Armstrong’s team prove too strong in time trial stage

ST DIZIER: The US Postal team of four-time champion Lance Armstrong took control of the Tour de France race lead after their humbling of the contenders in the 69km fourth stage time trial here yesterday. 

However it was Colombian Victor Hugo Pena, who was ranked ahead of Armstrong in the race's overall standings prior to the start of the stage, who became the new race leader and the first from his country to ever wear the famous yellow jersey. 

He leads Armstrong by just one second. 

ROLLING ON: Cyclists racing past hay rolls during the third stage of the 2003 Tour de France cycling race on Tuesday near St Dizier.- EPApic

But the 29-year-old former top swimmer, who has completed two Tours already, gave all the credit for his success to Armstrong. 

“I remember watching the Tour on television when I was younger, watching guys like (Frenchmen) Bernard Hinault and Laurent Fignon and just wishing it was me,” said Pena. 

“I'm really happy to be in yellow, but this victory is down to the whole team. I think today Lance was the best team-mate in the world.” 

The win was also US Postal's first in a team trial event, which has been won by Credit Agricole (2001) and ONCE (2002) in the past two years. 

In second place was the ONCE team of Spaniard Joseba Beloki, one of Armstrong's main rivals, who finished at 30secs adrift after having set an impressive time to push off the provisional standings.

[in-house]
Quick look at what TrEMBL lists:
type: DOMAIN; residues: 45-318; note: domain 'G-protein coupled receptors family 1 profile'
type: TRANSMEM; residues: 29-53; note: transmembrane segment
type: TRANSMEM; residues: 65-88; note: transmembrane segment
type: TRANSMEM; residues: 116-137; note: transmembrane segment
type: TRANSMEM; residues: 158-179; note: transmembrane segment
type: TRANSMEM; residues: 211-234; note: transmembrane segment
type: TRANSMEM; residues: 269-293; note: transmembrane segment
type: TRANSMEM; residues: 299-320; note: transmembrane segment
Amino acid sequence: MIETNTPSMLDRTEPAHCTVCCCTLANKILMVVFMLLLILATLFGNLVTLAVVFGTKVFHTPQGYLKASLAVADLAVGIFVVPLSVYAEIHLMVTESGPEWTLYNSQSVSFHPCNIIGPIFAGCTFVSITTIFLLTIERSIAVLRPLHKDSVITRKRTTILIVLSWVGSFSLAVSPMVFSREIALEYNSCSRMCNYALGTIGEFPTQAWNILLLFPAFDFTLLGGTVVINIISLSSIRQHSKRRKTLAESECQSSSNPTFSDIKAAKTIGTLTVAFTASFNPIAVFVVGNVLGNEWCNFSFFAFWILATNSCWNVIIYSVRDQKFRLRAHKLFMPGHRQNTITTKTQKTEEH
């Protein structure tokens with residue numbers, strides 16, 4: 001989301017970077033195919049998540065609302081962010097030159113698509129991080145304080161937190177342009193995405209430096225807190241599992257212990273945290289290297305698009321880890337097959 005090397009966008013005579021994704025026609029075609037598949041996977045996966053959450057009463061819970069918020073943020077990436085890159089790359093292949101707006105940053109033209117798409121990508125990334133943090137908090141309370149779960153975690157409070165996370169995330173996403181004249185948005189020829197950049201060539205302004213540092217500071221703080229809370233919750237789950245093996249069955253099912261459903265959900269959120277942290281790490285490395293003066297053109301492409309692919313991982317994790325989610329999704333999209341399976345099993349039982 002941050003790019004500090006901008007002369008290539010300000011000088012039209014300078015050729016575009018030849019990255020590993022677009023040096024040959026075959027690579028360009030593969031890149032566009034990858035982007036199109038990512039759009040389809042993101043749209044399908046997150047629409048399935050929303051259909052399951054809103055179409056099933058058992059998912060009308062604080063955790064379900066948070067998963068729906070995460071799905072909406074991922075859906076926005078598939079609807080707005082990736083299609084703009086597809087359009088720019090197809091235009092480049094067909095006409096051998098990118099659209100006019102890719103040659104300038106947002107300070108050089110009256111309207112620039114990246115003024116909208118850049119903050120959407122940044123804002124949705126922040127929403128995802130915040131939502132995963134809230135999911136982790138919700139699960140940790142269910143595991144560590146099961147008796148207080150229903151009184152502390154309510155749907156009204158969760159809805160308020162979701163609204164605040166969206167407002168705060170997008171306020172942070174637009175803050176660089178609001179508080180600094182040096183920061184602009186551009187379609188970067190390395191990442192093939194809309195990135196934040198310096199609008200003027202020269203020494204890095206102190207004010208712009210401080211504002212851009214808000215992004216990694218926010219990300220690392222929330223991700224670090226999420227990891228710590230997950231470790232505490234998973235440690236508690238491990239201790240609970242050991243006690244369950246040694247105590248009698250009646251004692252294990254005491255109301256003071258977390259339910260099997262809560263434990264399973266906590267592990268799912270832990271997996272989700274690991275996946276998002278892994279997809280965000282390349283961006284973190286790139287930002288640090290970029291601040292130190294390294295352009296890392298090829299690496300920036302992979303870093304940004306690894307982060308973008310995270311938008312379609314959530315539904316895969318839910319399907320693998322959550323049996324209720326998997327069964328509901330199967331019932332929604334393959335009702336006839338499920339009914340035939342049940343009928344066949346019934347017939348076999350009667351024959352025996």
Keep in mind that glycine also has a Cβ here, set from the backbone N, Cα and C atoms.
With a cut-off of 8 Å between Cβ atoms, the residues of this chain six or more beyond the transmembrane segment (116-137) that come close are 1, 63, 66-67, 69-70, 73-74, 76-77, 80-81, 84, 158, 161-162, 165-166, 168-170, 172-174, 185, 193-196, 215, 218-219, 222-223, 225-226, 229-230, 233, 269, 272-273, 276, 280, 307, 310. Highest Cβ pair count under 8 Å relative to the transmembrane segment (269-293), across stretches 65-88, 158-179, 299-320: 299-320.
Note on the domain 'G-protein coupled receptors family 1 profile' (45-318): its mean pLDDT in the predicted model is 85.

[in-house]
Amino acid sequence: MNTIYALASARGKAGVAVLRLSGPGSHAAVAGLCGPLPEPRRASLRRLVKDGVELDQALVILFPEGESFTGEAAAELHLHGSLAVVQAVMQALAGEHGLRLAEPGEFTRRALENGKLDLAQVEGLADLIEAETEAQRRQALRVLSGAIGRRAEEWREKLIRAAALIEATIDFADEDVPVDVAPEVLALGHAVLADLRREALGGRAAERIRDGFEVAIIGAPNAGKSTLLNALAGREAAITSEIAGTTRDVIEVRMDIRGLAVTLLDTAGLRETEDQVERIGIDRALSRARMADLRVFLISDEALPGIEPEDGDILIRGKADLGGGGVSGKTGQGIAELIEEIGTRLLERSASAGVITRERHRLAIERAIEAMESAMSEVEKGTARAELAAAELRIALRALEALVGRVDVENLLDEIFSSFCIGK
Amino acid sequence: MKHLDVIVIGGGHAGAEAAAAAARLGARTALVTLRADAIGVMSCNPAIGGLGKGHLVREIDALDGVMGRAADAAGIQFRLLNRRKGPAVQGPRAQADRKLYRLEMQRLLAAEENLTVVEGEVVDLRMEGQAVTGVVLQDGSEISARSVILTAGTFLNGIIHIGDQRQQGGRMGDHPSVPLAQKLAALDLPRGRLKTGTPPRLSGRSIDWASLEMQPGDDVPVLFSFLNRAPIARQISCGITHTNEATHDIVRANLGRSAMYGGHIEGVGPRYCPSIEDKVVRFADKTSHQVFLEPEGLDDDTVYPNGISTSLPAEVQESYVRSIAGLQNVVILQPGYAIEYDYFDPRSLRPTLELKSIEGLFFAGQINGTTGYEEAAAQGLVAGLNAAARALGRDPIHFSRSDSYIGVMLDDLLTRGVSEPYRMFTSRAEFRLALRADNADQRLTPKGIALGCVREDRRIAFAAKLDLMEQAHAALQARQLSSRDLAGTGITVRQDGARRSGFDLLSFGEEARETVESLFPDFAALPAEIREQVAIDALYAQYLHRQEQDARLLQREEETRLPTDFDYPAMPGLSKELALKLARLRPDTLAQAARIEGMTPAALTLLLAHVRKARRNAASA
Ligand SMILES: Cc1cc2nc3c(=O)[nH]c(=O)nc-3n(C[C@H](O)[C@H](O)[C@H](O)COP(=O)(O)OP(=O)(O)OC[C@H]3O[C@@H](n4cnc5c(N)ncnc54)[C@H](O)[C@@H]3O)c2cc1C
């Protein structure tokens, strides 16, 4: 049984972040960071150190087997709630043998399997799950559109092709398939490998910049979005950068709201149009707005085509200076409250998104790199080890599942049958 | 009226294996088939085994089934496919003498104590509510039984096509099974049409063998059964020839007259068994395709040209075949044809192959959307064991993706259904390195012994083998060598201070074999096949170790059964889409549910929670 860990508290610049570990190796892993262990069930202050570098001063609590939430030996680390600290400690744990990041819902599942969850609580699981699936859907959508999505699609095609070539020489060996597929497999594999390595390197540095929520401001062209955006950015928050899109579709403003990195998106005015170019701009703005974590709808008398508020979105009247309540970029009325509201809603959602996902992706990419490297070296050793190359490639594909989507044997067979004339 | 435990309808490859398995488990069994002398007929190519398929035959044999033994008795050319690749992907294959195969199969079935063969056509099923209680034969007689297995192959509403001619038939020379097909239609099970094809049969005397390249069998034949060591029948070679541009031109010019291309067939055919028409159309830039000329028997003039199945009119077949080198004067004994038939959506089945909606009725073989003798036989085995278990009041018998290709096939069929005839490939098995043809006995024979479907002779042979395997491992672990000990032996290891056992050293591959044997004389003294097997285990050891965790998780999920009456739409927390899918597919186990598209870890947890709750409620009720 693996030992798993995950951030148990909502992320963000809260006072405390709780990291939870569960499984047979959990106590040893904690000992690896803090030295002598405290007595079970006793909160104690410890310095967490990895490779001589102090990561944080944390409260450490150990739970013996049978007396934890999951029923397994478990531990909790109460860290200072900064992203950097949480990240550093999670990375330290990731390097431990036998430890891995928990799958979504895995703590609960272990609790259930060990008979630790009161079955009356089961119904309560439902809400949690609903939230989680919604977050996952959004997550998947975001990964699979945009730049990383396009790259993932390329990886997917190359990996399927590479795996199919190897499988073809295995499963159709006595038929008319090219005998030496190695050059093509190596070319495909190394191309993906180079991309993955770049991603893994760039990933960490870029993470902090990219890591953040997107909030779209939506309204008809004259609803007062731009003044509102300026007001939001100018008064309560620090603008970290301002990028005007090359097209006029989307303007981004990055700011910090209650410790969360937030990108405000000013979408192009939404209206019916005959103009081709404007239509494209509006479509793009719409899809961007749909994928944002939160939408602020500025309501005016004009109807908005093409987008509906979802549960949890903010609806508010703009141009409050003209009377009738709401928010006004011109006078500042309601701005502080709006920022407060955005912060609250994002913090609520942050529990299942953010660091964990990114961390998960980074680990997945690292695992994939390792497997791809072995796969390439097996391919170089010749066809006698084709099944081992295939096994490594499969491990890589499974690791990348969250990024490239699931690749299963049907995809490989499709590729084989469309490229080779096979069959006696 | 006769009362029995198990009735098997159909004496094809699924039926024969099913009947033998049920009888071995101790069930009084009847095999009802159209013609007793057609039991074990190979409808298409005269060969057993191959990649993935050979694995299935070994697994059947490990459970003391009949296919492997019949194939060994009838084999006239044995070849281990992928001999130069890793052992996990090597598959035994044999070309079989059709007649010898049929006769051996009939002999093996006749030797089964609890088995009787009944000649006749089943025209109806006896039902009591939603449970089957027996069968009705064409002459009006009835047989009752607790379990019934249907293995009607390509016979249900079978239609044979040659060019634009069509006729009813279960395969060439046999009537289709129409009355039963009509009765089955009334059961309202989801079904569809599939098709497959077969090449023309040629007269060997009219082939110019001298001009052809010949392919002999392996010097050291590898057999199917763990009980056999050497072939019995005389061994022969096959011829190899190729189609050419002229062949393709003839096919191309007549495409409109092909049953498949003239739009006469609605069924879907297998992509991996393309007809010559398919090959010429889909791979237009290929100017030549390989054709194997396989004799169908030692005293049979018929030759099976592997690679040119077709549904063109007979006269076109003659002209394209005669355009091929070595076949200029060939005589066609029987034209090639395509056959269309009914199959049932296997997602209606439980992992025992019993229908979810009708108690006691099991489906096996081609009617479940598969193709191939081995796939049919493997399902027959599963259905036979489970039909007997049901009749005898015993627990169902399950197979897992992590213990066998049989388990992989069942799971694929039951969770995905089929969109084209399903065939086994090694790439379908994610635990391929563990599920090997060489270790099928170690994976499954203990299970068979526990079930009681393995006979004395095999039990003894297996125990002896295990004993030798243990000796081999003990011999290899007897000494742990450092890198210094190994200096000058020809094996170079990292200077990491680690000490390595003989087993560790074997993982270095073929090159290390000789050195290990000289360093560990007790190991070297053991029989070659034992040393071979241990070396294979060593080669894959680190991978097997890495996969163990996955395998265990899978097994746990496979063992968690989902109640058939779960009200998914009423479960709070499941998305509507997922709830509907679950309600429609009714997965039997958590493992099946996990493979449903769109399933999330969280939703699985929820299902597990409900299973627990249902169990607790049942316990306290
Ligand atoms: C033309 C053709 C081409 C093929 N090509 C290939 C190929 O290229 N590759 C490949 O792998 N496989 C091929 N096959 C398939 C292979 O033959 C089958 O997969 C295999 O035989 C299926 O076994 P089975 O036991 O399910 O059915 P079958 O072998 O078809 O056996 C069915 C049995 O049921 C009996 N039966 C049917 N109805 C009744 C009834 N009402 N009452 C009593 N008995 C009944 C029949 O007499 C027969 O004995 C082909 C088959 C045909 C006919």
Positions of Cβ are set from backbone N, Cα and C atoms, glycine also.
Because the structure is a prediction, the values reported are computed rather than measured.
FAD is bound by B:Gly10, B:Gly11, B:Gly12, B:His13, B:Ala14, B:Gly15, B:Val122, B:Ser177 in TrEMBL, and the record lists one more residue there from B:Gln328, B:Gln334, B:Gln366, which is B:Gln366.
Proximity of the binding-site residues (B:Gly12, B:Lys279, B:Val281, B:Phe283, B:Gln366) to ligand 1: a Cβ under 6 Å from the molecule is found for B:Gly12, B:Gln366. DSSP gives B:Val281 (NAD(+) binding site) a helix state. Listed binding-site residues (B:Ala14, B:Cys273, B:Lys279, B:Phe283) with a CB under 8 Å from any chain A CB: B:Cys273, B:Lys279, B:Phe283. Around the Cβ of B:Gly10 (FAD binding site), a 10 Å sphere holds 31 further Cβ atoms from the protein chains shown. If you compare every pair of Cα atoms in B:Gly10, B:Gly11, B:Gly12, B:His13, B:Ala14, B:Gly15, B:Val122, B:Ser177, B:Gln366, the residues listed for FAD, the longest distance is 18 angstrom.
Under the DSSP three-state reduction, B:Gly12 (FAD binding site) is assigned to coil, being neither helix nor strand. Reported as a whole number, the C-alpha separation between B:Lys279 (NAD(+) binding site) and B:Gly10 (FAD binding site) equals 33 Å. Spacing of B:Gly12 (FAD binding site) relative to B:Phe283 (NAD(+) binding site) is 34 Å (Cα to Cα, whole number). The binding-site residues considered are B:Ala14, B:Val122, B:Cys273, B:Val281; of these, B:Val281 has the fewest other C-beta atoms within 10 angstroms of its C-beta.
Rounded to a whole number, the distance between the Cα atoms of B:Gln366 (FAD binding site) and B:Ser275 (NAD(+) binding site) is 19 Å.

HANGING ON: Gerolsteiner team rider Rene Haselbacher of Austria trying to keep his jersey together that was ripped apart in a crash during the third stage of the Tour de France on Tuesday.- Reuterspic

Bianchi, the Italian team of 1997 Tour winner Jan Ullrich, placed third at 43. 

With US Postal riding off the ramp last, because they have led the team standings since the start of the race, ONCE's lead was always going to be under threat. 

Armstrong is known for his slow starts to time trial events, usually keeping his best for the latter stages, and the formula was no different yesterday. 

US Postal were 14secs behind at the first intermediate point at 18km but gradually got back into contention and had moved up to provisional second by the second time check at 44.5km. 

The 31-year-old Armstrong and his disciplined team kept their best for the section between that point and the final check point 10km before the finish – by which time they had pushed ONCE down into second with a deficit of 17secs. 

Maintaining their pace in the final stretch Armstrong pushed his troops over the line to hand the Spanish team some work to do if they want to get closer before the weekend's crucial mountain stages. 

Armstrong was delighted for Pena, and also for the fact that they put paid to never winning the event, which was held in baking 30°C plus temperatures. 

“It was a difficult stage, mainly because of the heat and the wind which was blowing head on and from the right,” said a visibly delighted Armstrong after the race. 

“We'd never won this event before so we're pretty happy.” 

Thanks to their blistering time yesterday, US Postal riders now occupy the first eight places in the overall standings. 

Beloki lies in ninth place. – AFP 

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